The Clarion nightsnake is hard to spot, so hard to spot that for decades, the only sighting of the species native to one of Mexico's Revillagigedo Islands—the original sighting—was assumed to be a mistake. A joint US-Mexico team, however, managed to rediscover the species found by American naturalist William Beebe in 1936 by using his original field notes to retrace his steps and search for the nocturnal snake, which blends in with the island's rock formations, the AP reports. The expedition found 11 of the snakes, and DNA tests confirmed that the Clarion Island snake is a unique species, reports the BBC.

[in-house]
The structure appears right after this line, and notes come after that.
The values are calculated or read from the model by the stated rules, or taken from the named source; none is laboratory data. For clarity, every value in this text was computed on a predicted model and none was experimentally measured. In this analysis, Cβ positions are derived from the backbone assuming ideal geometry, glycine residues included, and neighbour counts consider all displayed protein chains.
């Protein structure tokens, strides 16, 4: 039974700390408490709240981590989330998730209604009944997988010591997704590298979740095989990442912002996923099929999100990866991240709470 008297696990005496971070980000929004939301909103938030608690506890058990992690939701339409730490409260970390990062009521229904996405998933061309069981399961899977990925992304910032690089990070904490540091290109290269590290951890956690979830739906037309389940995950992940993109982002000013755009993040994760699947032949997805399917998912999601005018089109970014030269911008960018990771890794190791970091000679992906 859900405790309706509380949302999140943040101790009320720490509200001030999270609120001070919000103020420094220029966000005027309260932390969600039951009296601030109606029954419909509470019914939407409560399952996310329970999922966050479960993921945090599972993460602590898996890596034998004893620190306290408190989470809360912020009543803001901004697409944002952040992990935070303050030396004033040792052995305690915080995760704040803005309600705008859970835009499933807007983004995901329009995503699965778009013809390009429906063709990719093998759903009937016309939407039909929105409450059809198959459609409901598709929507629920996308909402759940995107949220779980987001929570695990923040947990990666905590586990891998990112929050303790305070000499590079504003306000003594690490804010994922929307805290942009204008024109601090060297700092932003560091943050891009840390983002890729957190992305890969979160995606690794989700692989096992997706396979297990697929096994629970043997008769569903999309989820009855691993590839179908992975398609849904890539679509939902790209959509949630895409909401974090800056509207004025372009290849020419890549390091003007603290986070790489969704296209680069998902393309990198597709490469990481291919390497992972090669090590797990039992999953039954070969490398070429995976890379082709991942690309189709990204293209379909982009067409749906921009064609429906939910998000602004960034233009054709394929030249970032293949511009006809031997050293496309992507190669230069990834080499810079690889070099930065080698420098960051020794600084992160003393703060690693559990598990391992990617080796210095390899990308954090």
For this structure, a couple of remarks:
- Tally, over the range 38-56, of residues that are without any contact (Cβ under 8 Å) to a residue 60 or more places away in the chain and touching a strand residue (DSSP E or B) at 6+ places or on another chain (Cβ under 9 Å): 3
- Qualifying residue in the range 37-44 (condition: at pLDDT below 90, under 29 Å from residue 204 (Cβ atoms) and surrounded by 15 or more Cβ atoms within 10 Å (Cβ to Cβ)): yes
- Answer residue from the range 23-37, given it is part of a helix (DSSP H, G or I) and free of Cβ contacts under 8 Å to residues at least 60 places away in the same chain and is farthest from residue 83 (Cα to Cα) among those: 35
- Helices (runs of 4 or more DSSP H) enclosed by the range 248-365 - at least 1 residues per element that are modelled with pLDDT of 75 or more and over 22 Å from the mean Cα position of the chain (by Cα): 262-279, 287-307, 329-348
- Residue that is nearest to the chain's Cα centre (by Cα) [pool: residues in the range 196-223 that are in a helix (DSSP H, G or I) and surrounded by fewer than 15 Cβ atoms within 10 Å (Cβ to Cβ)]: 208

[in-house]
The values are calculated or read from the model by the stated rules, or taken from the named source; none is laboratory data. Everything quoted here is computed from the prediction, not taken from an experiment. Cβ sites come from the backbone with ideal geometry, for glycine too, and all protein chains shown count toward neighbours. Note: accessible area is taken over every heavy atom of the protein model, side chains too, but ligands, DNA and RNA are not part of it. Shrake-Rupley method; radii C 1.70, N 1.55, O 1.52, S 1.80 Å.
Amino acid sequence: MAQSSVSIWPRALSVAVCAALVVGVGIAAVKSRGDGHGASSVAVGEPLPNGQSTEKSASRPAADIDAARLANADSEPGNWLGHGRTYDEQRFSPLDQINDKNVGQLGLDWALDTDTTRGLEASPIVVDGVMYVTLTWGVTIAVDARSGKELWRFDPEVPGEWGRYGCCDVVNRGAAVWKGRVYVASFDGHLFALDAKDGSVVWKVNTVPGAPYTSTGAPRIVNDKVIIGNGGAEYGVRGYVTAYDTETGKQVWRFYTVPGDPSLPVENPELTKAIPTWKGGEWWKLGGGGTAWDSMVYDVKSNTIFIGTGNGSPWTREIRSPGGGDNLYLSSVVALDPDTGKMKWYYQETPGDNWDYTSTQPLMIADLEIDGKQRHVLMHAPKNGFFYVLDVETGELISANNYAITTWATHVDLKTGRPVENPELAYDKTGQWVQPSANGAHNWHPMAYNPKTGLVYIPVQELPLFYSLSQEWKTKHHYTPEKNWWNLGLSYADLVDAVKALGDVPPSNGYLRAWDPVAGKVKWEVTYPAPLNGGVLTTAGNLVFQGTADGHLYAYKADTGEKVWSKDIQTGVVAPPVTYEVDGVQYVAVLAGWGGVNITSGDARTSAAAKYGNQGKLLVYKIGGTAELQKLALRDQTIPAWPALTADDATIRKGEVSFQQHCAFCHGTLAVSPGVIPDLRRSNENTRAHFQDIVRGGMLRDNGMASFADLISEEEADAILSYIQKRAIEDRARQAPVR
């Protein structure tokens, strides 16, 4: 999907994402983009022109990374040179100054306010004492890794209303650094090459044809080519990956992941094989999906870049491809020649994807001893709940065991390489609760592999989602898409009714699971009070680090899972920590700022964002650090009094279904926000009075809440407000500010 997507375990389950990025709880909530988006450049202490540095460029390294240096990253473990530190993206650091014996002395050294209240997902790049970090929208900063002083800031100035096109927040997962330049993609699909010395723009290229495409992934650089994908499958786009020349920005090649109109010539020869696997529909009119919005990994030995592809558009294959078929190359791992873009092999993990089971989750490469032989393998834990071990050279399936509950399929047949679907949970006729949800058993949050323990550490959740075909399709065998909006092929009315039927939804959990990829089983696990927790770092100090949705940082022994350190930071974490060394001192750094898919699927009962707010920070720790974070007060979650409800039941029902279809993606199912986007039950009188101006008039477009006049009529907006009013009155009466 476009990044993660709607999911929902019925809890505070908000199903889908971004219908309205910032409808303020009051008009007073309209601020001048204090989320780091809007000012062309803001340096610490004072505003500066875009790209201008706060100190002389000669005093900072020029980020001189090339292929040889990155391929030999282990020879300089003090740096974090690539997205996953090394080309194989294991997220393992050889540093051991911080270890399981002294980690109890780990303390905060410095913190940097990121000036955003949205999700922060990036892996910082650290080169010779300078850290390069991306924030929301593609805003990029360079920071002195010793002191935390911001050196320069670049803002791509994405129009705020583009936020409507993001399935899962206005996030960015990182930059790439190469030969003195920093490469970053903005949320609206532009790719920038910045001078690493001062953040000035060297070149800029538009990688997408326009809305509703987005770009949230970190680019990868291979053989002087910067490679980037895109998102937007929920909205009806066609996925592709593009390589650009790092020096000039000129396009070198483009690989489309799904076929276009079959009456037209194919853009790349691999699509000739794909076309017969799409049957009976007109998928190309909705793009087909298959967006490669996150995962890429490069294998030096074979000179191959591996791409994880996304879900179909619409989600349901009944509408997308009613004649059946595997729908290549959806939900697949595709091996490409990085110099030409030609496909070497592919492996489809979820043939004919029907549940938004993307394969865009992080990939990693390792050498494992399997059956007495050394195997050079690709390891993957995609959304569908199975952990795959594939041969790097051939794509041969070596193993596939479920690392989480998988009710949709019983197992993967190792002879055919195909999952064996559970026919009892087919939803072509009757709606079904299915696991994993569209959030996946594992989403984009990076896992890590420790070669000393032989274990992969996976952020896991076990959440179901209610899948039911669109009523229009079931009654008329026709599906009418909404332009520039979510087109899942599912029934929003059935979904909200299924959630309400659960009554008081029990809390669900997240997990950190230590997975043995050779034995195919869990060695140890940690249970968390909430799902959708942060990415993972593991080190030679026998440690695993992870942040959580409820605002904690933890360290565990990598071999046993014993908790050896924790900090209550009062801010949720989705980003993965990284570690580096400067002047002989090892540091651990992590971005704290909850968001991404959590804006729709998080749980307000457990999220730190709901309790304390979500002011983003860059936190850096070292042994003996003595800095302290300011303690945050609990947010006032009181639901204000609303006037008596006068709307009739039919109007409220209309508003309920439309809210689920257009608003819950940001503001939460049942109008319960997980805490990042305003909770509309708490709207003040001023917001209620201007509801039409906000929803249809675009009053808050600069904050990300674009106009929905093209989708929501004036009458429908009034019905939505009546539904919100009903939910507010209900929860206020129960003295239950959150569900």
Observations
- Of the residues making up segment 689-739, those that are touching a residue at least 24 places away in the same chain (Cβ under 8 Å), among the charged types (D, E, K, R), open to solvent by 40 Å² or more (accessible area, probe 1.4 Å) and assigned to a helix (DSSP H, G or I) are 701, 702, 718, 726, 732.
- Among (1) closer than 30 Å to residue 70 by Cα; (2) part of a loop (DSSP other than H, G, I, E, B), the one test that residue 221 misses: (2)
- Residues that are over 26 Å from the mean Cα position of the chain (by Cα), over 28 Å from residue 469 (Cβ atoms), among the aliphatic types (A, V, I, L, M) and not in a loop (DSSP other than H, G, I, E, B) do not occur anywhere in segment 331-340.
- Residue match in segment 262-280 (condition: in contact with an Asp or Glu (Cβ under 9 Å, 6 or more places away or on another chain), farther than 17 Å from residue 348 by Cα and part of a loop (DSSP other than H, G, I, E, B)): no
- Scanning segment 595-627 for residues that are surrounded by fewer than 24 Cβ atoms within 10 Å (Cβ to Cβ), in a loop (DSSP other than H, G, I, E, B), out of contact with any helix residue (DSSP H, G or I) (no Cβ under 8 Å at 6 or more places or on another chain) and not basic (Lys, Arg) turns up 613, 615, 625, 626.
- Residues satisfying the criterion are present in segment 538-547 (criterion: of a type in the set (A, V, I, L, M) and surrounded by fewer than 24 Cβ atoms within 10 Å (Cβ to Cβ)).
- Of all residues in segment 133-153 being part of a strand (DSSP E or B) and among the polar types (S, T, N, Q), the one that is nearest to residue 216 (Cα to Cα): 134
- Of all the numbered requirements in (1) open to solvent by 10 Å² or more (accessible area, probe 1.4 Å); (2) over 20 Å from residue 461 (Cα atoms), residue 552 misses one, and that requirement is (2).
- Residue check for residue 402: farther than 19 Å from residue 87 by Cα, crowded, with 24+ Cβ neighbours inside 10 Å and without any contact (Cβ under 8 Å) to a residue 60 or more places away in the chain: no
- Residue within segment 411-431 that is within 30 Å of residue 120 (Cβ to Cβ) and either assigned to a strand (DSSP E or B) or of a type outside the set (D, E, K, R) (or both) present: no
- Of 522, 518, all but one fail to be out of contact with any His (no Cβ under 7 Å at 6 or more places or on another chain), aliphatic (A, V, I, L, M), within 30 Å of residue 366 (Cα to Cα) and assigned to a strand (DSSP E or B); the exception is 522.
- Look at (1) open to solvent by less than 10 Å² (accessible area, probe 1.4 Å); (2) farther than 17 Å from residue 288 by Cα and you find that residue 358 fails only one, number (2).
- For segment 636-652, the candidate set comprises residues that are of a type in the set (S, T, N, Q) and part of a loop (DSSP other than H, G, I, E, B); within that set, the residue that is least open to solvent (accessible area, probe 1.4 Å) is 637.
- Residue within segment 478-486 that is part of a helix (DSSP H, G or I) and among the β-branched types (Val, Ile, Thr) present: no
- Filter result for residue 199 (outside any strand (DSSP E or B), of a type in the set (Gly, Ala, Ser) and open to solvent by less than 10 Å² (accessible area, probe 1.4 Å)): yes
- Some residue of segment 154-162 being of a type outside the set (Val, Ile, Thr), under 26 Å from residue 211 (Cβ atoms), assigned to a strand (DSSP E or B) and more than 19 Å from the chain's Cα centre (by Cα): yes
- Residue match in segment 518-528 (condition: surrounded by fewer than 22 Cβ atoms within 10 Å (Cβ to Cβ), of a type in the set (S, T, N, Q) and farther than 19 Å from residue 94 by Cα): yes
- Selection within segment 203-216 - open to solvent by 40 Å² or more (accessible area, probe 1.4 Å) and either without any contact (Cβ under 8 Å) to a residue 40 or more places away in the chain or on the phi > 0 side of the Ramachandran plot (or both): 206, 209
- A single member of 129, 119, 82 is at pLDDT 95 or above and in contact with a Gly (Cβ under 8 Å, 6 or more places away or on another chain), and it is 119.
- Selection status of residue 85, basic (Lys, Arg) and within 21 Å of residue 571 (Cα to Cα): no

The snake is related to snakes found on part of the Mexican coast more than 500 miles away, and researchers believe its ancestors may have arrived on a tree trunk washed out to sea long ago. Beebe returned from a visit to the island, located 400-plus miles off Mexico's Pacific coast, nearly 80 years ago with a snake preserved in a jar, but his sample had long been considered a labeling error and his find was largely struck from taxonomic registries. The National Museum of Natural History praised the team's work, describing the snake as the "only species ever to be discarded due to a presumed locality error." The rediscovery "is an incredible story of how scientists rely on historical data and museum collections to solve modern-day mysteries about biodiversity in the world we live in," the museum said in a statement. (Read more discoveries stories.)